Dr C P Ravikumar

Introduction:
Omega 3 oils are essential fatty acids that cannot be synthesised in the human body, therefore it is important to acquire them through diet or supplementation. These are considered to be the building blocks of the brain as studies have shown their role in neurological and visual development, during infancy and childhood. There is evidence that suggests that omega 3 fatty acids like docosahexaenoic acid (DHA), help to improve symptoms of psychiatric and neurological ailments in adults such as depression, post-traumatic stress disorder, and Alzheimer’s disease, with a positive effect on cognitive and neurological health.  

Sources of Omega 3 fatty acids
a.Natural Sources
The different types Omega 3 fatty acids are  eicosapentaenoic acid (EPA) and docosahexaenoic acid (DHA), which are mainly available in fish,(salmon, tuna, trout,  eggs)  These two components make up the bulk of the omega-3 oils, along with Alpha-linolenic Acid (ALA) which is mainly found in plants like flaxseeds, flaxseed oil, chia seeds, walnuts, soy foods and canola oil. Algae or algae oil, is also a rich source of ALA . Many foods that are fortified with omega-3 use algae oil which is a great  option for vegetarians who do not eat fish or eggs.
b.Fortified food / Supplements
Milk formula, baby foods , eggs, yogurt, juices, milk, soy beverages,are often fortified with omega 3 fatty acids, due to their positive effect on brain health. Multivitamins may contain omega 3 fatty acids and are available as oral supplements, along with fish oil (krill oil, cod liver oil)

Recommended  Daily Allowance Daily allowances of omega 3 fatty acids have not been established, except for ALA.

Life Stage Recommended Amount
Birth to 12 months 0.5 g
Children 1–3 years 0.7 g
Children 4–8 years 0.9 g
Boys 9–13 years 1.2 g
Girls 9–13 years 1.0 g
Teen boys 14–18 years 1.6 g
Teen girls 14–18 years 1.1 g
Men 1.6 g
Women 1.1 g
Pregnant teens and women 1.4 g
Breastfeeding teens and women 1.3 g
*As total omega-3s. All other values are for ALA alone.

Benefits of Omega 3 Fatty Acids
Omega 3 oils like DHA play a role in brain development, both during pregnancy and the first two years after birth, during the brain growth spurt. Pregnant and nursing mothers need adequate intake of DHA, with supplements in diet or in fortified formula milk if required.
In addition to the structural development of brain cells , DHA also aids with transmission of impulses through neuronal networks, having an effect on learning and behaviour, as well as protection of the nervous system, from inflammation or degradation. They are therefore believed to be brain boosters, which improve memory  and cognitive skills.

They have also been known to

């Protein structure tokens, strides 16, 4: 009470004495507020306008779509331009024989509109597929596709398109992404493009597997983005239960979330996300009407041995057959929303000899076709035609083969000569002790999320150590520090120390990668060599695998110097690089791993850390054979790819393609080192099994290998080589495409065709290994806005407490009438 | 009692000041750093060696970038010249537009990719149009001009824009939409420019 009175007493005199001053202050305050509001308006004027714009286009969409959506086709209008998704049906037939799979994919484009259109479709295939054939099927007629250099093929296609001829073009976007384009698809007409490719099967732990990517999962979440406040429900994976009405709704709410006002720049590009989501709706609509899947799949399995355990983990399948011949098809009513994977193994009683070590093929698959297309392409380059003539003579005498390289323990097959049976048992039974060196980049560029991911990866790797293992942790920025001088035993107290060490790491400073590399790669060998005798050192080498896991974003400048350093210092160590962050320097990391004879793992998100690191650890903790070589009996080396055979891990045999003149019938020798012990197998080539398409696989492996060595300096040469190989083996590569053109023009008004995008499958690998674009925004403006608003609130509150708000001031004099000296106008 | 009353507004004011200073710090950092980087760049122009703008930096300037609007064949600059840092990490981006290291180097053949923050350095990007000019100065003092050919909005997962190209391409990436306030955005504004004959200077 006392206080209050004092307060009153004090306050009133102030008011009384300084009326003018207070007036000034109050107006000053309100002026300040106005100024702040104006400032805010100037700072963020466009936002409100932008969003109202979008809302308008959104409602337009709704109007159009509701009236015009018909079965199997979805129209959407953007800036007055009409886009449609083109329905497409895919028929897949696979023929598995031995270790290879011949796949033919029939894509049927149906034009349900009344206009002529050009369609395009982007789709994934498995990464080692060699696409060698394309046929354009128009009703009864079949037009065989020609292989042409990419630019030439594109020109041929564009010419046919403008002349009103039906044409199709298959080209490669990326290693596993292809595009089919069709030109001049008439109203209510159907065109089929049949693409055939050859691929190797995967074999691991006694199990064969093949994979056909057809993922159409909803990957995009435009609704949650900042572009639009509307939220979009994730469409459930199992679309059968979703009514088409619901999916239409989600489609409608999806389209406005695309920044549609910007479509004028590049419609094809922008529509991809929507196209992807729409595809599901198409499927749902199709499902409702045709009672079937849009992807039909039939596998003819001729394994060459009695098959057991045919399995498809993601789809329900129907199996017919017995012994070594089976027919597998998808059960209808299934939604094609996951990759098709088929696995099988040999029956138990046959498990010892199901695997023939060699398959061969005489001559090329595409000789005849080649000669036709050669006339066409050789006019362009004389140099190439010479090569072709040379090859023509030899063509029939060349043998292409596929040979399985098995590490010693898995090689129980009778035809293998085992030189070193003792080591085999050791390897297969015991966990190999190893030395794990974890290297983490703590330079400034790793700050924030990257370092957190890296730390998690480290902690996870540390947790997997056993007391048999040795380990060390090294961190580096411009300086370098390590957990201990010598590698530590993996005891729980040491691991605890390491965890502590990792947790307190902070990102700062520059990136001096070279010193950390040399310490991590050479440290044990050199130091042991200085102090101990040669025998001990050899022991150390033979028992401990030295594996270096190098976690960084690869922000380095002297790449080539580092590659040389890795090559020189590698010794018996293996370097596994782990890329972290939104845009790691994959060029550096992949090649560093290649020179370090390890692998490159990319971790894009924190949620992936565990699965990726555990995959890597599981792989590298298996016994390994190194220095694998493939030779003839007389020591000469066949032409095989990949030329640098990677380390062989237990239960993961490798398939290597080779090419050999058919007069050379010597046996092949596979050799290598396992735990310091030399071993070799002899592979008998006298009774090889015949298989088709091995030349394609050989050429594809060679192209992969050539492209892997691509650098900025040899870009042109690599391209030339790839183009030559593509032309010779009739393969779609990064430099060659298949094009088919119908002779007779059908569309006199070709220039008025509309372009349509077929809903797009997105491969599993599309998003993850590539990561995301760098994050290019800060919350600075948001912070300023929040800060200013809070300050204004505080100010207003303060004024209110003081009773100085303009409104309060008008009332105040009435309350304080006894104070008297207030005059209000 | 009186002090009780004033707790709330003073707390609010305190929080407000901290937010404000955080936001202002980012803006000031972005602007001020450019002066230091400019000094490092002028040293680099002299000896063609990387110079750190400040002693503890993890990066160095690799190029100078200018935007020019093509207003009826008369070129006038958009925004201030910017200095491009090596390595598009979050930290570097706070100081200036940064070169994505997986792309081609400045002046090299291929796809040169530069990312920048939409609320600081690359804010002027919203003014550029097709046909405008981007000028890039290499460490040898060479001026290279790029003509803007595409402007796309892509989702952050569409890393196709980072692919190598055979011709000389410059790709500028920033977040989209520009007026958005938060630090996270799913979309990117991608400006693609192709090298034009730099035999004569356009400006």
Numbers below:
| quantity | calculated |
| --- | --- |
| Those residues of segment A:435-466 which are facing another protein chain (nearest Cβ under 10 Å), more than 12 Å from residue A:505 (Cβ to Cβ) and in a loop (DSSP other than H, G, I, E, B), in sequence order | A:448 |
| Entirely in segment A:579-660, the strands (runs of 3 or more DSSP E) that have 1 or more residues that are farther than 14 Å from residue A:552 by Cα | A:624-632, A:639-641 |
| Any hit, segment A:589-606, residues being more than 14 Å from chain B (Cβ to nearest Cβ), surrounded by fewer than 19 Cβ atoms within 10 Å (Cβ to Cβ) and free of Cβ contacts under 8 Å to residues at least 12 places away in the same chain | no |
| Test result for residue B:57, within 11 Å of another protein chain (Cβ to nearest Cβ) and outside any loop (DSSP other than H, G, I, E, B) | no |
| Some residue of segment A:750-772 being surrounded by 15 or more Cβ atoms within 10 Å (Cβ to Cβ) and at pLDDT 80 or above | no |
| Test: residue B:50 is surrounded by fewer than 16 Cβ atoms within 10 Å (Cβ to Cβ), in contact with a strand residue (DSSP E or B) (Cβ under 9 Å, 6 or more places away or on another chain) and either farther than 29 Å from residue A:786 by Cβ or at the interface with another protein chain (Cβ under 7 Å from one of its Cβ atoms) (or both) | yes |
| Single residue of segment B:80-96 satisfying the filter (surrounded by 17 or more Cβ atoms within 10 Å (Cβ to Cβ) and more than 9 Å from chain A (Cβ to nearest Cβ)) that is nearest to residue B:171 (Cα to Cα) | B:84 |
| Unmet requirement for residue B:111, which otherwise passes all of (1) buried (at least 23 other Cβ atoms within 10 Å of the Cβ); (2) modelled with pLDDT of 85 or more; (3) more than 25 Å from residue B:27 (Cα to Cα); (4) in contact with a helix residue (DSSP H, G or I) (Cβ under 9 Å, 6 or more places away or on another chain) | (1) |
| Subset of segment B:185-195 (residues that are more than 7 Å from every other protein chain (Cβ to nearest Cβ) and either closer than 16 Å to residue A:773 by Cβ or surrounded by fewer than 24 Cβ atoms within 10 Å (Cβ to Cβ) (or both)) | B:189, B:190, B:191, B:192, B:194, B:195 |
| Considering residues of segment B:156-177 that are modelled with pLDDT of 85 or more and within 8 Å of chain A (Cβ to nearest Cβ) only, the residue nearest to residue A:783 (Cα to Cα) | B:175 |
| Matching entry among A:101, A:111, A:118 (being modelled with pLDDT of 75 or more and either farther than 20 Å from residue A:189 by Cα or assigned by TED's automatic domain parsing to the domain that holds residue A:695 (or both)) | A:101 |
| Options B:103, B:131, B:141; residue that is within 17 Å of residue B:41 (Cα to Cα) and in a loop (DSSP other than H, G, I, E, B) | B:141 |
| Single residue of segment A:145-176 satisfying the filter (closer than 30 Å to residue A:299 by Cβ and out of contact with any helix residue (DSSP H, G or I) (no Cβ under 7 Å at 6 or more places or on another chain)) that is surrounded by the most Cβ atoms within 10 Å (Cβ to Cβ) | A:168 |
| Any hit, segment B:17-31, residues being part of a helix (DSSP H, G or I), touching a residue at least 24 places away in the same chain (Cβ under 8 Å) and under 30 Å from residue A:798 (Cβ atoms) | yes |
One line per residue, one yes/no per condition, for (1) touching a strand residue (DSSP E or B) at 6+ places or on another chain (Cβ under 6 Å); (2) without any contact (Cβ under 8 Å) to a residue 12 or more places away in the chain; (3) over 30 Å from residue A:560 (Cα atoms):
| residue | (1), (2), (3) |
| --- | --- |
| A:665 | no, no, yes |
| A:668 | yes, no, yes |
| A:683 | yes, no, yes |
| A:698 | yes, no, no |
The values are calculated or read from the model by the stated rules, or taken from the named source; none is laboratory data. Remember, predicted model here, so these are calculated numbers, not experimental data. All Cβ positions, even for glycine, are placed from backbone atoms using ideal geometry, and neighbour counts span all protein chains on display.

• decrease inflammation, by reducing the formation of agents like cytokines (IL1 and Tumour necrosis factor (TNF) and reduces the production of Free radicals or reactive oxygen species by leucocytes or white blood cells of the body.
  • reduce the incidence of heart attacks and cardiovascular diseases , by decreasing triglyceride levels (bad cholesterol) and improving high density lipoprotein( HDL/ good cholesterol levels)
  • reduces the risk of  ischemic strokes, as it reduces the formation of blood clots
  • decrease the symptoms of autoimmune diseases
  • helps to prevent age related memory decline , or vision loss due to Age related macular degeneration or dry eye disease
  • slow the rate of memory loss in Alzheimer’s disease.
  • Some studies have demonstrated a link between DHA deficiency and depression, anger and hostility, although further research is required.

Precautions to be taken
It is recommended to limit consumption up to 3 g of EPA and DHA combined per day, including in the form of dietary supplements. Omega 3 fatty acids may increase bleeding tendencies and should be taken with caution by patients who are on anticoagulants like warfarin, heparin or aspirin. Intake of fish in pregnant or nursing women should be regulated to avoid those that may have increased mercury content, to avoid complications in child development, in the uterus or after birth. Milder side effects include unpleasant taste in the mouth, bad breath, heartburn, nausea, stomach discomfort, diarrhoea, headache, and smelly sweat

References
  1. Morris MC, Evans DA, Bienias JL, et al. Consumption of fish and omega-3 fatty acids and risk of incident Alzheimer disease. Arch Neurol. 2003 Jul;60(7):940-6
https://pubmed.ncbi.nlm.nih.gov/12873849/
  1. Hoffman DR, Theuer RC, Castañeda YS, et al. Maturation of visual acuity is accelerated in breast-fed term infants fed baby food containing DHA-enriched egg yolk. J Nutr. 2004;134(9):2307-2313. doi:10.1093/jn/134.9.2307
https://pubmed.ncbi.nlm.nih.gov/15333721/
  1. Moriguchi, T., & Salem, N., Jr (2003). Recovery of brain docosahexaenoate leads to recovery of spatial task performance. Journal of neurochemistry87(2), 297–309.
https://pubmed.ncbi.nlm.nih.gov/14511107/
  1. https://my.clevelandclinic.org/health/articles/17290-omega-3-fatty-acids
  2. https://ods.od.nih.gov/factsheets/Omega3FattyAcids-HealthProfessional/
Dr C P Ravikumar

Dr C P Ravikumar

CONSULTANT – PEDIATRIC NEUROLOGY
Aster CMI Hospital, Bangalore